The best course of action is to use a liquid fertilizer designed for tropical houseplants, and apply it to the fiddle leaf fig only during the plant’s active growing period. Avoid applying fertilizer in late fall or during the winter since this is when the plant is not growing.

Related: What’s the Best Fiddle Leaf Fig Fertilizer for Your Plant?

Make sure to read and follow the application instructions found on the fertilizer bottle or packaging. Since each brand and type of fertilizer is different, following the specific directions for the one you are using will go a long way to preventing damage to the plant.

5. Don’t give your ficus too much water

Making sure you’re not overwatering the fiddle leaf fig will go a long way to preventing it from becoming leggy, while also reducing the chance of fungal problems.

The best way to prevent overwatering is by only watering the plant when the first two or so inches of soil feel dry.

Before watering the plant, insert your finger into the top two inches of soil. If the soil still feels moist, wait and check the soil moisture level again in a day or two. If the soil feels dry, go ahead and water the plant deeply.

Find out more: How Often Should You Water a Fiddle Leaf Fig?

How do I make my fiddle leaf fig bushier?

While proper care is key to preventing a leggy fiddle leaf fig, there are other methods that you can use to help encourage your plant to become bushier and fuller. These methods include pruning, notching, or pinching the fiddle leaf fig. 

Keep in mind, however, that if the original issue that caused the legginess is not first addressed, the fiddle leaf fig will only continue to become leggier.

fiddle leaf fig leaves

The actual method that you should use will depend on several factors, such as the current height of your fiddle leaf fig and how confident you are with pruning, notching, and pinching.

While pruning is by far the most used method for making a fiddle leaf fig bushier, it may not be the right choice for your needs. That is why it is important to take into consideration each method and select the one that is right for you.

No matter which method you use, care must be taken not to damage the fiddle leaf fig during the process. Take your time and plan how you will proceed before even beginning the process of making the plant bushier.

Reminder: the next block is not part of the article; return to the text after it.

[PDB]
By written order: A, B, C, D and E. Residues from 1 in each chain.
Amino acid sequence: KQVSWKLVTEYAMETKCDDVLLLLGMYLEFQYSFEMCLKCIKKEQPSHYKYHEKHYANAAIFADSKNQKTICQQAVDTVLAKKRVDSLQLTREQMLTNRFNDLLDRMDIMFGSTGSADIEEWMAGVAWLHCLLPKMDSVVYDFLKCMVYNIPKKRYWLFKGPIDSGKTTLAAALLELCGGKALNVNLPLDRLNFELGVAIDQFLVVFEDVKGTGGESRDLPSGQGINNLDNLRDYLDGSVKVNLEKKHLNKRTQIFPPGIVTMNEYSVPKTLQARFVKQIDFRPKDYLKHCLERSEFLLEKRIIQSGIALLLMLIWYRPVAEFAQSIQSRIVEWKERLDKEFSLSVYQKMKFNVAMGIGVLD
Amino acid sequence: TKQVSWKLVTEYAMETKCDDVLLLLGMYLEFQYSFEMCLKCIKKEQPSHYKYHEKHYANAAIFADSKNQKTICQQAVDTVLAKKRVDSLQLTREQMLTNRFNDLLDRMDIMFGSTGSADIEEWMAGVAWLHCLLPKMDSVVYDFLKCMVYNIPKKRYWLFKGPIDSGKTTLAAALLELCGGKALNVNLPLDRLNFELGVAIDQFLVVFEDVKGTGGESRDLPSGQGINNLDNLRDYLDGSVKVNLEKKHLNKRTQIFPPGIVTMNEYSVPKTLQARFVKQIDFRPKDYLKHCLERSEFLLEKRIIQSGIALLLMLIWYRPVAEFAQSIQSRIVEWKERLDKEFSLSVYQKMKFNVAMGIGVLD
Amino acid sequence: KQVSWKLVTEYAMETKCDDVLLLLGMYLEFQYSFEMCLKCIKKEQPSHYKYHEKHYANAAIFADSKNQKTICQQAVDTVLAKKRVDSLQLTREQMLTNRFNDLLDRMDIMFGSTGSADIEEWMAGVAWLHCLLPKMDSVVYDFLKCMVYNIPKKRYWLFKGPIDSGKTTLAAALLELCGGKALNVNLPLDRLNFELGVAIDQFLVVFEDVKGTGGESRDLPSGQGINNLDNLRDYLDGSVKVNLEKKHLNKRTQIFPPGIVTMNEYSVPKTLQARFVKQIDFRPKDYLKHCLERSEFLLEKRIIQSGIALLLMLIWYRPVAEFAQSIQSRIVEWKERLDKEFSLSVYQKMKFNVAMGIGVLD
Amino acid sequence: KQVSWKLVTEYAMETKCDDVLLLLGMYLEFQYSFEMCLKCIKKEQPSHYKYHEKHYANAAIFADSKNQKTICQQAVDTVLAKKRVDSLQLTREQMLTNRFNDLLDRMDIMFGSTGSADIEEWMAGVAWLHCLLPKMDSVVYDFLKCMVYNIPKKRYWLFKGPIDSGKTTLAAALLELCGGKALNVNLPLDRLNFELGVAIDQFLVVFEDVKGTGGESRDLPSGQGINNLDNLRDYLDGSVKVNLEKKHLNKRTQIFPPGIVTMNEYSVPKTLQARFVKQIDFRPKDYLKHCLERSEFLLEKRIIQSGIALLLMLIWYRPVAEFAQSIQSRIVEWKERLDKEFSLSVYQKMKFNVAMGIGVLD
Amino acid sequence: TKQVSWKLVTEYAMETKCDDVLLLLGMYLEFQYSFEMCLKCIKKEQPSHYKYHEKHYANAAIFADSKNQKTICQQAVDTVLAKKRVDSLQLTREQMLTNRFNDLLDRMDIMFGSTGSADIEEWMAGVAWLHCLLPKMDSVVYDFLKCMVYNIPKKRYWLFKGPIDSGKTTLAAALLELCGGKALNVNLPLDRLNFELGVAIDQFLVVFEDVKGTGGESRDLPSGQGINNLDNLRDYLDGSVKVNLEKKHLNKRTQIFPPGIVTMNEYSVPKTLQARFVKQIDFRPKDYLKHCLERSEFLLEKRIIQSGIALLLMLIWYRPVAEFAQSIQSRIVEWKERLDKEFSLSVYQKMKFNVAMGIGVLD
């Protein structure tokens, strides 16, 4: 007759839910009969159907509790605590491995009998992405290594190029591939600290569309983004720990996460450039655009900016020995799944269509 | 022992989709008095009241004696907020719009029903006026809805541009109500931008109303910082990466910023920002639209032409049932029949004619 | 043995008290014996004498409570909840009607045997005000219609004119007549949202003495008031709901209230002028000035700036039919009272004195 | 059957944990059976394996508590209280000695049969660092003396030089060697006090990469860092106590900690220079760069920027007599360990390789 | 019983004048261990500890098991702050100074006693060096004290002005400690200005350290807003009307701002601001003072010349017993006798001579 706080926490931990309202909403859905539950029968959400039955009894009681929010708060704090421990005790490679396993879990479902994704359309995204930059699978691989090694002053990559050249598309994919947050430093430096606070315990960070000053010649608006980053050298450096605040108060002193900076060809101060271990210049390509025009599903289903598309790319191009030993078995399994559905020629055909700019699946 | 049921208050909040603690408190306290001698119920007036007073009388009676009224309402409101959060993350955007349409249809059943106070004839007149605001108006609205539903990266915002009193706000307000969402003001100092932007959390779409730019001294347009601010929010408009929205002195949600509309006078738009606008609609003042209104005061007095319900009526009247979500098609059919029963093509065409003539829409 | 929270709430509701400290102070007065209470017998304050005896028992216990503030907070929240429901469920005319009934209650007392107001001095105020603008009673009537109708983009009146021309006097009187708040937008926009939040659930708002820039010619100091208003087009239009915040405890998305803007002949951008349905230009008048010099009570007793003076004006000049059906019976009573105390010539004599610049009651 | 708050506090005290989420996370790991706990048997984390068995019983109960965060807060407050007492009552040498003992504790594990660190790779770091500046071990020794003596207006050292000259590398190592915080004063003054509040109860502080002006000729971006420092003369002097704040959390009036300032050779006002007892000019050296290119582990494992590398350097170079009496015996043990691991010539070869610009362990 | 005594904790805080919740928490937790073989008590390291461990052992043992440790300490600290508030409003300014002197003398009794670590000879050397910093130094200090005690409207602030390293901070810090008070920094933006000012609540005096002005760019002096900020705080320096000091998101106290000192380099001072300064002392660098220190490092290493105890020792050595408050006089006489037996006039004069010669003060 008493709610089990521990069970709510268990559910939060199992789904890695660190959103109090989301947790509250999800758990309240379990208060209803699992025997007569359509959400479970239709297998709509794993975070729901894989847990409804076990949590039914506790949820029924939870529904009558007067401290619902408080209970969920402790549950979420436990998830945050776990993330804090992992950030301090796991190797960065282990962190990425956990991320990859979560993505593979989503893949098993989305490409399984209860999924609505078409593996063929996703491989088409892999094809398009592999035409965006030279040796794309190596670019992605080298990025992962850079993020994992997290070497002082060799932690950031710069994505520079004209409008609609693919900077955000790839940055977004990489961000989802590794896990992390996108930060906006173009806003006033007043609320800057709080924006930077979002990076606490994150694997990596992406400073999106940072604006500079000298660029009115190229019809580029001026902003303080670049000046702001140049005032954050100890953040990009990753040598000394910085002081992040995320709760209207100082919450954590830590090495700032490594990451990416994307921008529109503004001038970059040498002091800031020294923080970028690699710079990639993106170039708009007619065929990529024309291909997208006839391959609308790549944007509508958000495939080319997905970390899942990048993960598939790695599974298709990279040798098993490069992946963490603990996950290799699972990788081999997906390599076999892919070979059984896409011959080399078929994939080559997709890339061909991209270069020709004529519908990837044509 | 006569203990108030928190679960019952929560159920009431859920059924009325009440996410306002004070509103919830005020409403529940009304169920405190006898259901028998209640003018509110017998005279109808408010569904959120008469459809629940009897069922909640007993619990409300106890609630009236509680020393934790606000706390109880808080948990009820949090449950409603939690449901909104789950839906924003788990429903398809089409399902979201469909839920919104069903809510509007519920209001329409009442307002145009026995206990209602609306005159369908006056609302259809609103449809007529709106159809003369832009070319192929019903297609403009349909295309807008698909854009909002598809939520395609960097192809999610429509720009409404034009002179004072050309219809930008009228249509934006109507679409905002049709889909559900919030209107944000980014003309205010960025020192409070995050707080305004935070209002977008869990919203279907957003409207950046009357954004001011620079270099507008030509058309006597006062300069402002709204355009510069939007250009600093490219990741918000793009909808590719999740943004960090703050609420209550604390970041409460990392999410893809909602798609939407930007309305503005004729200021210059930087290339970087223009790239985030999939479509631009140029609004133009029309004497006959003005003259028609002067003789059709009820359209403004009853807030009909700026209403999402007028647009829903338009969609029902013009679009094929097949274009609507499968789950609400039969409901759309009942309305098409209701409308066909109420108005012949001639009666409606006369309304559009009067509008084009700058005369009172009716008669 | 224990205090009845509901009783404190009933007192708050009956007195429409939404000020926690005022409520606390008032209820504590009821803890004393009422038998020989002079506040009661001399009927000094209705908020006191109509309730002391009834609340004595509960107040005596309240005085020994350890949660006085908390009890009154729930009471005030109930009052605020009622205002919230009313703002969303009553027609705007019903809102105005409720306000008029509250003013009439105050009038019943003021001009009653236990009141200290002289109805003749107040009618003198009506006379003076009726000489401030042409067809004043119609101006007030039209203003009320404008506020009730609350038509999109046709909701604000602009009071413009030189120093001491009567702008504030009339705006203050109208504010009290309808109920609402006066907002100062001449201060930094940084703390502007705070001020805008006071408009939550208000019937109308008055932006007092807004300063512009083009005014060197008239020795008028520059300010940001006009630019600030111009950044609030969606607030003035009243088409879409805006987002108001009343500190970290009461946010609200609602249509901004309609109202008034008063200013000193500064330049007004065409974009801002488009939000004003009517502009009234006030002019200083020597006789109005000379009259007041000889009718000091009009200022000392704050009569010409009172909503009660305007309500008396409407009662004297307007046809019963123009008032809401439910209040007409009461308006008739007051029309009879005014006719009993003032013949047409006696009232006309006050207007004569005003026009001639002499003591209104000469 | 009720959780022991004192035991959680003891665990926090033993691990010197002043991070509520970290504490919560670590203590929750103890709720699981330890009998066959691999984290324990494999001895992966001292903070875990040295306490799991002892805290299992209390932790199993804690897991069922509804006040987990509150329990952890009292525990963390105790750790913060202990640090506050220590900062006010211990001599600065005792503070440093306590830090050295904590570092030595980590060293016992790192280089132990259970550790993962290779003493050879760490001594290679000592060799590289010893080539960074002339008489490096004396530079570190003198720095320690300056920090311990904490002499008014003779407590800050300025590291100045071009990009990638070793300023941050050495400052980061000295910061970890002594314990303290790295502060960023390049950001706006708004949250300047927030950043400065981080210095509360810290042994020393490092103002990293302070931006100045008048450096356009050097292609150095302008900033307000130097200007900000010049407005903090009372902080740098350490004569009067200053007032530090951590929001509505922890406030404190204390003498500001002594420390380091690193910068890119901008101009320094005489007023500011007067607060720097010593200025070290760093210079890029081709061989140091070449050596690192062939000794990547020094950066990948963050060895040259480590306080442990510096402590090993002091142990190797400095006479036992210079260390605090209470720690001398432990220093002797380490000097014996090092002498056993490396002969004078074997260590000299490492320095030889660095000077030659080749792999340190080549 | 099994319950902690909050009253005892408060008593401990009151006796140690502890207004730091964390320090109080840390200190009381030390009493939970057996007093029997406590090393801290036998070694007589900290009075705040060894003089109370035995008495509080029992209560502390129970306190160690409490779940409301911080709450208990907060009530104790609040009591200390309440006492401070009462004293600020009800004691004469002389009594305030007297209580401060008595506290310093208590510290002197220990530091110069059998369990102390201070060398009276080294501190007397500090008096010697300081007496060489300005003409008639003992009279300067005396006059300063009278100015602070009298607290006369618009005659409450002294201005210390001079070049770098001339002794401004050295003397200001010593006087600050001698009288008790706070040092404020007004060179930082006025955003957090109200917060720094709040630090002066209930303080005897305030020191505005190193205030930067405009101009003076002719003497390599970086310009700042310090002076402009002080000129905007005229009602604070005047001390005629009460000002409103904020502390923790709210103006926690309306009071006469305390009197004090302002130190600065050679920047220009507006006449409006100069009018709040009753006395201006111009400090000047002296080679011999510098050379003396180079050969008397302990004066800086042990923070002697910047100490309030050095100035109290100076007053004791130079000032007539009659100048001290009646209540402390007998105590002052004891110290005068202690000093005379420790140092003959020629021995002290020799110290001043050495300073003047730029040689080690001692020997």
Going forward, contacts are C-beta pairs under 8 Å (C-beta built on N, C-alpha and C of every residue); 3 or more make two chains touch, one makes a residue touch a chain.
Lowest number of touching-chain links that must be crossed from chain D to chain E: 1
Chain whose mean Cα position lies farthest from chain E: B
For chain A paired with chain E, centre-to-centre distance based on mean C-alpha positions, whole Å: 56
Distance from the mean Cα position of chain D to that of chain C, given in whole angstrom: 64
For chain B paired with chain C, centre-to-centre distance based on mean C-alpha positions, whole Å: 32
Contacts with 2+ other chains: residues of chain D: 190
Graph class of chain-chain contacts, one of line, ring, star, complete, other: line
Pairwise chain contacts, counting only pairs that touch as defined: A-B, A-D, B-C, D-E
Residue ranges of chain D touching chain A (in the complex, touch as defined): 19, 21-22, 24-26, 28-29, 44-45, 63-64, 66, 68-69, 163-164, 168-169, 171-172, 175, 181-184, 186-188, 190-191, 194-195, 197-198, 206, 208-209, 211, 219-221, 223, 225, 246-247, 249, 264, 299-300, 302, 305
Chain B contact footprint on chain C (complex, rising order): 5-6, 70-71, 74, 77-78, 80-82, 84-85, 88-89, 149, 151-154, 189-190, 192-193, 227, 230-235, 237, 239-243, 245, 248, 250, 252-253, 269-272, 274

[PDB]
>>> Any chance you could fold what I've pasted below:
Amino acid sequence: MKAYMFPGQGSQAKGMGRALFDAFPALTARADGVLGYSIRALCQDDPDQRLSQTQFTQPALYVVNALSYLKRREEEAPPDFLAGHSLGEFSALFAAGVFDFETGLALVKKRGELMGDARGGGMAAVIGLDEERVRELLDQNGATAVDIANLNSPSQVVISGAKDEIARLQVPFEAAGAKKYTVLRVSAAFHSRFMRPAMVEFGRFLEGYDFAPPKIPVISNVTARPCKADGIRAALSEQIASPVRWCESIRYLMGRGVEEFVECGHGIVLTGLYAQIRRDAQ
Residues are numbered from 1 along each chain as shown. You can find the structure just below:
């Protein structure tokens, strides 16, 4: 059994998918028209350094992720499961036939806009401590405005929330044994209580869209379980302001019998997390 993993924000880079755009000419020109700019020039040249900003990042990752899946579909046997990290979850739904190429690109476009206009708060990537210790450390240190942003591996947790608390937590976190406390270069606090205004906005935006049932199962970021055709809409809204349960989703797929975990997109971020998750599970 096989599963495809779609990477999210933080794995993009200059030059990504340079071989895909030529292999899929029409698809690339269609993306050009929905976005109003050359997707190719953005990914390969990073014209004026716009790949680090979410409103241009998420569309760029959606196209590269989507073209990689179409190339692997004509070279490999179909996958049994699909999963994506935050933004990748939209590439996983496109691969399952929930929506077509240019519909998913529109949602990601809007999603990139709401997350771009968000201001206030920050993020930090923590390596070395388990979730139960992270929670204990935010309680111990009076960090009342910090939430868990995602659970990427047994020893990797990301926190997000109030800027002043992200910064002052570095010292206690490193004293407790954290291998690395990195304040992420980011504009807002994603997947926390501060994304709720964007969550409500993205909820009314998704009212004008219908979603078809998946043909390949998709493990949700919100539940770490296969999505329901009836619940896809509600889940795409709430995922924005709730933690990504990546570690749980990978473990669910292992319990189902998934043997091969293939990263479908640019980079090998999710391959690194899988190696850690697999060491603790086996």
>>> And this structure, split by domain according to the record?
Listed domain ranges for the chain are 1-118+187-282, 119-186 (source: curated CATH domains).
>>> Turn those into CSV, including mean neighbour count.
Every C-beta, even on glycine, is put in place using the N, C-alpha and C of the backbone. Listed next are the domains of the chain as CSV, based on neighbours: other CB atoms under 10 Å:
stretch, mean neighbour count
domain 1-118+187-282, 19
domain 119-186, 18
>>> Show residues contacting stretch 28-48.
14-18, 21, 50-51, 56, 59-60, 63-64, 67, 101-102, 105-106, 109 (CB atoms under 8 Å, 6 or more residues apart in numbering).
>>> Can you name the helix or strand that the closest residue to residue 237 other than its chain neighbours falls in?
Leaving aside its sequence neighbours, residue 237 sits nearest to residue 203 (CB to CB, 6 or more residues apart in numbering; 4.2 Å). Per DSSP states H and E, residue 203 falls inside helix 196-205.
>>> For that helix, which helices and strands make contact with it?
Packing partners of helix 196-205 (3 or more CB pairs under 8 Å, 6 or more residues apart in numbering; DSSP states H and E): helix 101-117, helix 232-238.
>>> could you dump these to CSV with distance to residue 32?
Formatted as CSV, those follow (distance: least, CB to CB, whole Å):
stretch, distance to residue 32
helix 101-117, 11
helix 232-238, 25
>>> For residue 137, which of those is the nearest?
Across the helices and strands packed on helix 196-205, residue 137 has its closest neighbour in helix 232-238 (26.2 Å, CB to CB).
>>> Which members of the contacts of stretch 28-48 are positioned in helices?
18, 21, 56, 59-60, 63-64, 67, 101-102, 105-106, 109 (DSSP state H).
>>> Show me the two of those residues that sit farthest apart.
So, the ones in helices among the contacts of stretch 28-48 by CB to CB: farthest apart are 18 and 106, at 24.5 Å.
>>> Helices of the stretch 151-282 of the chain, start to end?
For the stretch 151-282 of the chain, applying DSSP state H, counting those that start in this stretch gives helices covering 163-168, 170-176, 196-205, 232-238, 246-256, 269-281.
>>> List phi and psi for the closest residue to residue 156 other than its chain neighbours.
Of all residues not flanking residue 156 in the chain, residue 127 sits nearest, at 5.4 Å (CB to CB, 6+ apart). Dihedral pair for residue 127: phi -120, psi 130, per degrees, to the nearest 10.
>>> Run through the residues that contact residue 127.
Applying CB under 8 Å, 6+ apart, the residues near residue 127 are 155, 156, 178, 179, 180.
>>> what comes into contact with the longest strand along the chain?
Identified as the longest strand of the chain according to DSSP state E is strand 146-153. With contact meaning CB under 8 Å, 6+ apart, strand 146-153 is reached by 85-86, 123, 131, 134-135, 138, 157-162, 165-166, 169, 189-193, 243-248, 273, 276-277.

1. Prune the plant to encourage multiple stems

Pruning a fiddle leaf fig is the most common method to make the plant bushier. When you prune, you encourage the plant to develop multiple stems. While this is the most reliable method, it isn’t always the easiest.

To prune for a bushier plant, you will need to snip the fiddle leaf fig at the desired height where the new branches will form. Use a clean, sharp pair of pruning shears and cut the stem at an angle. When you snip off the cutting, you can either dispose of it or use it to propagate a new fiddle leaf fig.

This method works best if the plant is already taller than where you want the new branches to form. When you prune the fiddle leaf fig, it naturally kicks the dormant buds into active mode, resulting in new stem growth. If possible, choose an area above a cluster of leaves where you make the cuts.

2. Notch a leggy fiddle leaf fig

Another way to add stems and make a bushier plant is to use the notch method. This is ideal for when you don’t want to reduce the height of your leggy fiddle leaf fig. Unlike pruning, notching doesn’t require you to snip off branches to encourage new growth, and instead, you only need to make small cuts in the stem of the trunk of the plant.

When notching your fiddle leaf fig, either create diagonal cuts that measure 1/3rd of the depth of the stem or trunk, or create two small cuts that are close together, about 1 1/2mm apart. If you use the two small cuts, this creates a sliver that you can remove from the bark. No matter which notching method you use, make sure to do the cuts above a leaf node.

Notching is not without its downsides, however, and it is not uncommon to accidently cut into the fiddle leaf fig too deep or cut an entire branch off the plant. Furthermore, just because you make the notches doesn’t guarantee that a new branch will form. Because of this, most plant experts recommend creating a few notches in the fiddle leaf fig.

3. Use the pinch method

Pinching, like pruning, requires removing the top bud from the leggy fiddle leaf fig. While pinching is similar to pruning in many ways, you typically use your fingers to remove the bud and you don’t cut off pieces of the plant’s stems.

To begin the pinching method, simply locate the top bud that you want to remove and pierce it with your thumb and pointer finger. Pinch your two fingers together to break off the bud. If you meet resistance when trying to remove the bud, don’t hesitate to grab a pair of cutting shears to remove it.

If your leggy fiddle leaf fig is at the desired height, the pinching method may be the ideal solution for you since it doesn’t require removing large pieces of the plant’s stems.